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Threatened Narrow-Headed Gartersnakes Introduced Into Pinetop Wetland


November 1, 2016

The Arizona Game and Fish Department (AZGFD) partnered this summer with Northern Arizona University (NAU) to release two male and one female narrow-headed gartersnakes into a newly created wetland adjacent to the AZGFD Pinetop regional office. Narrow-headed gartersnakes are listed as a threatened species by the U.S. Fish and Wildlife Service.

The enclosed wetland was created, along with two new fish ponds, on the site of the original Pinetop Fish Hatchery that was built in the 1930s. Before the narrow-headed gartersnakes were introduced, the wetland was stocked with speckled dace and blueheaded suckers, to provide a food source for the snakes, and northern leopard frog tadpoles.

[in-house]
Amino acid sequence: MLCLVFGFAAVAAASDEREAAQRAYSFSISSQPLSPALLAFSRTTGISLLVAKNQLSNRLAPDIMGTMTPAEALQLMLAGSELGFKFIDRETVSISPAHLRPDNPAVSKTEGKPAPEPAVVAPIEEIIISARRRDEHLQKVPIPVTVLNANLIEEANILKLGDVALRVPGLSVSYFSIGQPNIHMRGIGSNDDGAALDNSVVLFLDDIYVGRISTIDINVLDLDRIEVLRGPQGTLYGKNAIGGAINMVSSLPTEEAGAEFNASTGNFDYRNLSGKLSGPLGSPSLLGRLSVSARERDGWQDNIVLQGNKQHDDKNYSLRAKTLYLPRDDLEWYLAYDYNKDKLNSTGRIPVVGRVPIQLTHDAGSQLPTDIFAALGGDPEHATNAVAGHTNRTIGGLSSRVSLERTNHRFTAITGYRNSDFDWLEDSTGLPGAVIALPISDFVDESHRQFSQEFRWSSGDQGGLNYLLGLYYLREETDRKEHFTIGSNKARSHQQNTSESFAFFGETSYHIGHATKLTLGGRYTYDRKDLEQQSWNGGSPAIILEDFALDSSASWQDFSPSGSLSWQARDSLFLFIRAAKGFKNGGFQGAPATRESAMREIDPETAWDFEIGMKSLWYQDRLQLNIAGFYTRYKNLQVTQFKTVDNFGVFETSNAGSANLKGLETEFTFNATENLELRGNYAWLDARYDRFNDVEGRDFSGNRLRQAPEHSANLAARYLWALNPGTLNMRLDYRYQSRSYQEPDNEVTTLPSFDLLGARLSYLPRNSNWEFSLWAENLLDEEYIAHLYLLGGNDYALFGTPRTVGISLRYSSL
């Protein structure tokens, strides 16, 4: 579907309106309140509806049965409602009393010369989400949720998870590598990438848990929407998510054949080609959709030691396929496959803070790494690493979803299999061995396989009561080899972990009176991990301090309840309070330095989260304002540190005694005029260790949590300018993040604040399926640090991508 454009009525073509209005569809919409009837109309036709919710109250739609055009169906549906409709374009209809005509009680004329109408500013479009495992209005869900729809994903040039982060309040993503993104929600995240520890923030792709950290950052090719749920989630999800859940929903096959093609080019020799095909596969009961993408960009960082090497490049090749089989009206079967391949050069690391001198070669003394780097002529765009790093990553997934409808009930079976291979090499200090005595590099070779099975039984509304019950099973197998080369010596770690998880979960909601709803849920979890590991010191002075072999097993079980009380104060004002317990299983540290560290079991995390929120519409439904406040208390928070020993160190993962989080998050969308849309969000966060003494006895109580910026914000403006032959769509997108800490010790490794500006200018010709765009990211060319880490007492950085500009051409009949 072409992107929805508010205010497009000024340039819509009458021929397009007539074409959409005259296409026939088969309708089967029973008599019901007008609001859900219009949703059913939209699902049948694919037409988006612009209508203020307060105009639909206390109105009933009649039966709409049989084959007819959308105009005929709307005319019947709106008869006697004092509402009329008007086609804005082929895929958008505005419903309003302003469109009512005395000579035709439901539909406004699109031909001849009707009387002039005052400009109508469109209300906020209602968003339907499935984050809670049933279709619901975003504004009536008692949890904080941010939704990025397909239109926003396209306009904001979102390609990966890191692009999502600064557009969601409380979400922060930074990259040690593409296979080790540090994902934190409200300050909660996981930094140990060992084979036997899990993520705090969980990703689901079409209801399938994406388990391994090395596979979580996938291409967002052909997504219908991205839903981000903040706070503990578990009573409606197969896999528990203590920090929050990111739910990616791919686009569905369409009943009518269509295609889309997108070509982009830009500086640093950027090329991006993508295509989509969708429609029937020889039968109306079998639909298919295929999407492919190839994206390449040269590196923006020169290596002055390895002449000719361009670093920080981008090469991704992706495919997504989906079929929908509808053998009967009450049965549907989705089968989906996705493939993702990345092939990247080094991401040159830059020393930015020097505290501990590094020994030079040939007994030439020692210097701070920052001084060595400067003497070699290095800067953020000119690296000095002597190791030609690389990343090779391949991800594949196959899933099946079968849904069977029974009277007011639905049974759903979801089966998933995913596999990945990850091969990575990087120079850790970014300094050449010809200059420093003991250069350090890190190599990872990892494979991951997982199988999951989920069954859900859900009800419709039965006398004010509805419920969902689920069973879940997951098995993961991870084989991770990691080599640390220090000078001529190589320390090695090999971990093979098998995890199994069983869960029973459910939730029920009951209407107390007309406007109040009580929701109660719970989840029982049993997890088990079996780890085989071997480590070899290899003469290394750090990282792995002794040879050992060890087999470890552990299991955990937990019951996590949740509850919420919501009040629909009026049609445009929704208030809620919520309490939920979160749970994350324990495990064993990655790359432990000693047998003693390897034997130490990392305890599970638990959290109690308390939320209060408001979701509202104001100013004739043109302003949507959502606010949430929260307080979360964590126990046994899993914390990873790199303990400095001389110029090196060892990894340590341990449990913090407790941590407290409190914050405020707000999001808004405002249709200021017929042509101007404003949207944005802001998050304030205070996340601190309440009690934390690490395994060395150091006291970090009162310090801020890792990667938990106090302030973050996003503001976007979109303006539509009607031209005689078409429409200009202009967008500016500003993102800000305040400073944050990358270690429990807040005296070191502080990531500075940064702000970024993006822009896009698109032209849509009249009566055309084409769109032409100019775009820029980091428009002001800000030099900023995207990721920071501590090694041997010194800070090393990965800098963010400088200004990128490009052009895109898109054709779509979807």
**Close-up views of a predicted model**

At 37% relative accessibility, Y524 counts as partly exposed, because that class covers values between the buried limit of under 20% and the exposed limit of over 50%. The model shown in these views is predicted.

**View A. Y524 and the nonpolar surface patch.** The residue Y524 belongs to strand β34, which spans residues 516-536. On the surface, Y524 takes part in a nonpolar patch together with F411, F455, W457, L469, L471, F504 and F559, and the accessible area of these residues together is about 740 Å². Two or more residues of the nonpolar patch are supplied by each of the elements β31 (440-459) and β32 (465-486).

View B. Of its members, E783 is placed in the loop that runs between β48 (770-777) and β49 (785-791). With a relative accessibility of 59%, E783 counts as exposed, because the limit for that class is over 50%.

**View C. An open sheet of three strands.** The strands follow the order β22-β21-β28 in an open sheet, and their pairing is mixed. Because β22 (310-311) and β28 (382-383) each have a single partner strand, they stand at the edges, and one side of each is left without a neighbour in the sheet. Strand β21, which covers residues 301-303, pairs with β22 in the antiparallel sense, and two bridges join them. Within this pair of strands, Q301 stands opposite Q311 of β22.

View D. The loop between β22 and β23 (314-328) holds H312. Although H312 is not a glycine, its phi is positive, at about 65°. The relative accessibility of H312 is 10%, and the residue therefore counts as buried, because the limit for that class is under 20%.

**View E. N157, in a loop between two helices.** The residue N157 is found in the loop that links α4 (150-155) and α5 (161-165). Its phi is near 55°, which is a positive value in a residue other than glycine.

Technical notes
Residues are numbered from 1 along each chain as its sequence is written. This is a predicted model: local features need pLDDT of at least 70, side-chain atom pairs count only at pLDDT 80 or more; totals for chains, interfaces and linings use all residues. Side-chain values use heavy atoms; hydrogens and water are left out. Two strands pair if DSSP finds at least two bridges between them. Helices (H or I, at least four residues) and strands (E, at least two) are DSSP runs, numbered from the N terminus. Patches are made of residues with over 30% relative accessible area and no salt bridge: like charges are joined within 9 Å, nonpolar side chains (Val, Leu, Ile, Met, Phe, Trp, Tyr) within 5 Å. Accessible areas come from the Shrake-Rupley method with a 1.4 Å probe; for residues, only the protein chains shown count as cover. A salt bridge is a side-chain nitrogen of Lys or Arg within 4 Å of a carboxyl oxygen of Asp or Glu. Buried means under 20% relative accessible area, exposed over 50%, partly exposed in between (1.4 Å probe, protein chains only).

NAU provided the snakes that were raised in captivity, and provided valuable input on the wetland's role in maximizing gartersnake persistence, as well as post-release snake monitoring.

The decline of the narrow-headed gartersnake is attributed to nonnative species (especially crayfish), habitat loss, and effects from wildfires that have reduced the availability of prey fish.

Narrow-headed gartersnakes can grow to 34 inches in length and feed almost exclusively on small fish. They are usually tan to gray-brown with brown, black or reddish spots, lacking stripes like their more common cousin, the terrestrial gartersnake. Narrow-headed gartersnakes live near mid- to high-elevation streams, using pools and the rocky sides to catch their prey.

A viewing platform was built to allow visitors to view the wetland and ponds at the AZGFD Pinetop regional office, located at 2878 E. White Mountain Blvd, Pinetop, Ariz.

The project is a cooperative effort between AZGFD, NAU, Arizona Heritage Program and the Natural Resources and Conservation Service.


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